As viewers of A&E's two-part documentary Garth Brooks: The Road I'm On learned, Brooks' mom had her own country music career in the 1950s. The former Colleen Carroll appeared on the influential television show Ozark Jubilee and recorded several sides for different labels, including her son's future employer, Capitol Records.
The limited examples of Carroll's work making the rounds online include "No Tellin'" and "Blue Bonnet Waltz," the two songs off a 1955 release by Kansas City, Mo.-based Cardinal Records. "No Tellin'," a biting takedown of a would-be suitor, falls in line with the stand-up bass-driven "hillbilly" stompers of the time. "Blue Bonnet Waltz" is a sentimental dance tune written by Al Clauser, a guitarist and songwriter sometimes credited with coining the term Western swing.
Carroll's last bow as a country singer came on her daughter and former Brooks bassist Betsy Smittle's 1994 album Rough Around the Edges. The song "This House" teamed the mother and daughter duo for a performance that makes listeners wonder if, with a few lucky breaks, the whole family might've been regulars on the CMA red carpet alongside Brooks and future in-law Trisha Yearwood.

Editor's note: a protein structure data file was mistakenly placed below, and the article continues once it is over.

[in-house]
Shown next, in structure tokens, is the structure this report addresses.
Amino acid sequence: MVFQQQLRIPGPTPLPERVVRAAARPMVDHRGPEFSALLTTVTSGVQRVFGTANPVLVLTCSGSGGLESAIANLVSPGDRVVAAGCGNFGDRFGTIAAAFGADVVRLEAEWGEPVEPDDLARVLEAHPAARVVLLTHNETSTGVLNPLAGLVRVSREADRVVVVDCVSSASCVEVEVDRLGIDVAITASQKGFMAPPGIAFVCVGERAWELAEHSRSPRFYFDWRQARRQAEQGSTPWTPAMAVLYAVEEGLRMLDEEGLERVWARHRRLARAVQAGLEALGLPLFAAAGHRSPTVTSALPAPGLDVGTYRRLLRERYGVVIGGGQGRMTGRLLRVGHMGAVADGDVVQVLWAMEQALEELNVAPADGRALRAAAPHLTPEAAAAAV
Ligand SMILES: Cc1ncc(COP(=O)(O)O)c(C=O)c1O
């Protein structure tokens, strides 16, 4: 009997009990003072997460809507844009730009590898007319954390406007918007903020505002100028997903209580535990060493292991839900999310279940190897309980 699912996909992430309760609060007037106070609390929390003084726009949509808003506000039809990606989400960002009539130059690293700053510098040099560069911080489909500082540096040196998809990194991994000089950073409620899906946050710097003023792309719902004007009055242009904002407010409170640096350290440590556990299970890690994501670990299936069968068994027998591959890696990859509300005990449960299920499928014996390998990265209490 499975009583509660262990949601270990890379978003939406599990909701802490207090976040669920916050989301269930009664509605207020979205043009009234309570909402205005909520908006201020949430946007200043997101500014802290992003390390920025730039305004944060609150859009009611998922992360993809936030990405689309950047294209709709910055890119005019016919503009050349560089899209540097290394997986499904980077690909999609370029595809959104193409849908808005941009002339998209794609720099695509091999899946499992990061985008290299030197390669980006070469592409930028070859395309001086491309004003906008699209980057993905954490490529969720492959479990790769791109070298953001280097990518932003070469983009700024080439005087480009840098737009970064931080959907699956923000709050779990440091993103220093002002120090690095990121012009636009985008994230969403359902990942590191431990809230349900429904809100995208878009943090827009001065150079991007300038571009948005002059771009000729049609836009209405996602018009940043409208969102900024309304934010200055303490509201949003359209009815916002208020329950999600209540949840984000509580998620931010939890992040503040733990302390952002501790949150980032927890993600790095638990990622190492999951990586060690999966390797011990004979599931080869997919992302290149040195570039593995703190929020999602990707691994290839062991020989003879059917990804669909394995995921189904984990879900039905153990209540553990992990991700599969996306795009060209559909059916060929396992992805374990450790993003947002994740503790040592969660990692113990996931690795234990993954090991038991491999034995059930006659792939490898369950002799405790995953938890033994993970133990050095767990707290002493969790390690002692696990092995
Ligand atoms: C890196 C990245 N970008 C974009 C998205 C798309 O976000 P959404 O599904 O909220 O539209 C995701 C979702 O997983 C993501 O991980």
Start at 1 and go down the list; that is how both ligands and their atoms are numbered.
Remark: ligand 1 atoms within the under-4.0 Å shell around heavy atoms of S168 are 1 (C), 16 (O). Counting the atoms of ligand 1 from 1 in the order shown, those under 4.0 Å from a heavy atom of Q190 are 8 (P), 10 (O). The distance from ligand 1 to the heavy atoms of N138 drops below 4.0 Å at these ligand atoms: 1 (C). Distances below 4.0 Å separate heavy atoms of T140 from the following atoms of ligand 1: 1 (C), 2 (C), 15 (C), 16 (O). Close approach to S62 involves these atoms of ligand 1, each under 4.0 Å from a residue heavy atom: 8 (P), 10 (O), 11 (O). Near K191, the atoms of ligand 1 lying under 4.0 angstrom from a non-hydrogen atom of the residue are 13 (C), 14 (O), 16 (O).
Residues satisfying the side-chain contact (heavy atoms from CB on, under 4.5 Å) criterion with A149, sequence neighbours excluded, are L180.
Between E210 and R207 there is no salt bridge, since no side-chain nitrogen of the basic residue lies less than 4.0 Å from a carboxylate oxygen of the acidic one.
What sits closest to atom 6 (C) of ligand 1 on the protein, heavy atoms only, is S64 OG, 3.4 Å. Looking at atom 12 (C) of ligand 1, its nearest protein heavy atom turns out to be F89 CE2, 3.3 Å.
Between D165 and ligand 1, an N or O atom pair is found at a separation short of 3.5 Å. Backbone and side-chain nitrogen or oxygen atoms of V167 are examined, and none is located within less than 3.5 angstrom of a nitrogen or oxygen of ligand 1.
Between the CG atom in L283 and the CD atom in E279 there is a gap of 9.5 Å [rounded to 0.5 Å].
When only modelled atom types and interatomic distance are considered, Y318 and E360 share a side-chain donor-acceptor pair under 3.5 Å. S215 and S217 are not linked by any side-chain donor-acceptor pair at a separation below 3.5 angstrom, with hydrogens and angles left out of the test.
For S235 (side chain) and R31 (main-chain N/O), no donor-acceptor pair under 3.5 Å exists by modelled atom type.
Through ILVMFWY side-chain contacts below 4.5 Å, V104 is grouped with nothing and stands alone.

Although Brooks' story gets told as if he stepped away from sports during college and picked up a guitar for the first time as an adult, he'd already performed the music he'd learned to love as a little baby with his parents and siblings.
"Friday and Saturday nights at the house, Jerry played guitar, Jim played the harmonica, Mike played guitar, Betsy played guitar, and, of course, Dad played guitar," Brooks told Playboy in 1994. "Mom sang her butt off, Dad sang, Betsy sang, Jerry sang, Jim sang, Mike sang. Kelly and I played the wax comb."
Carroll passed away in 1999 from throat cancer. Brooks' 2014 album Man Against Machine includes a song titled "Mom." Its lyrics, written by Wynn Varble and Don Sampson, may shed some light on a sentimental son's memories of his mother: "You'll never have a better friend, or a warmer touch to tuck you in. She'll kiss your bruises, your bumps and scrapes. And anytime you hurt, her heart's gonna break."
Carroll's legacy as a singer lives on in part through her namesake, Brooks' talented daughter Allie Colleen.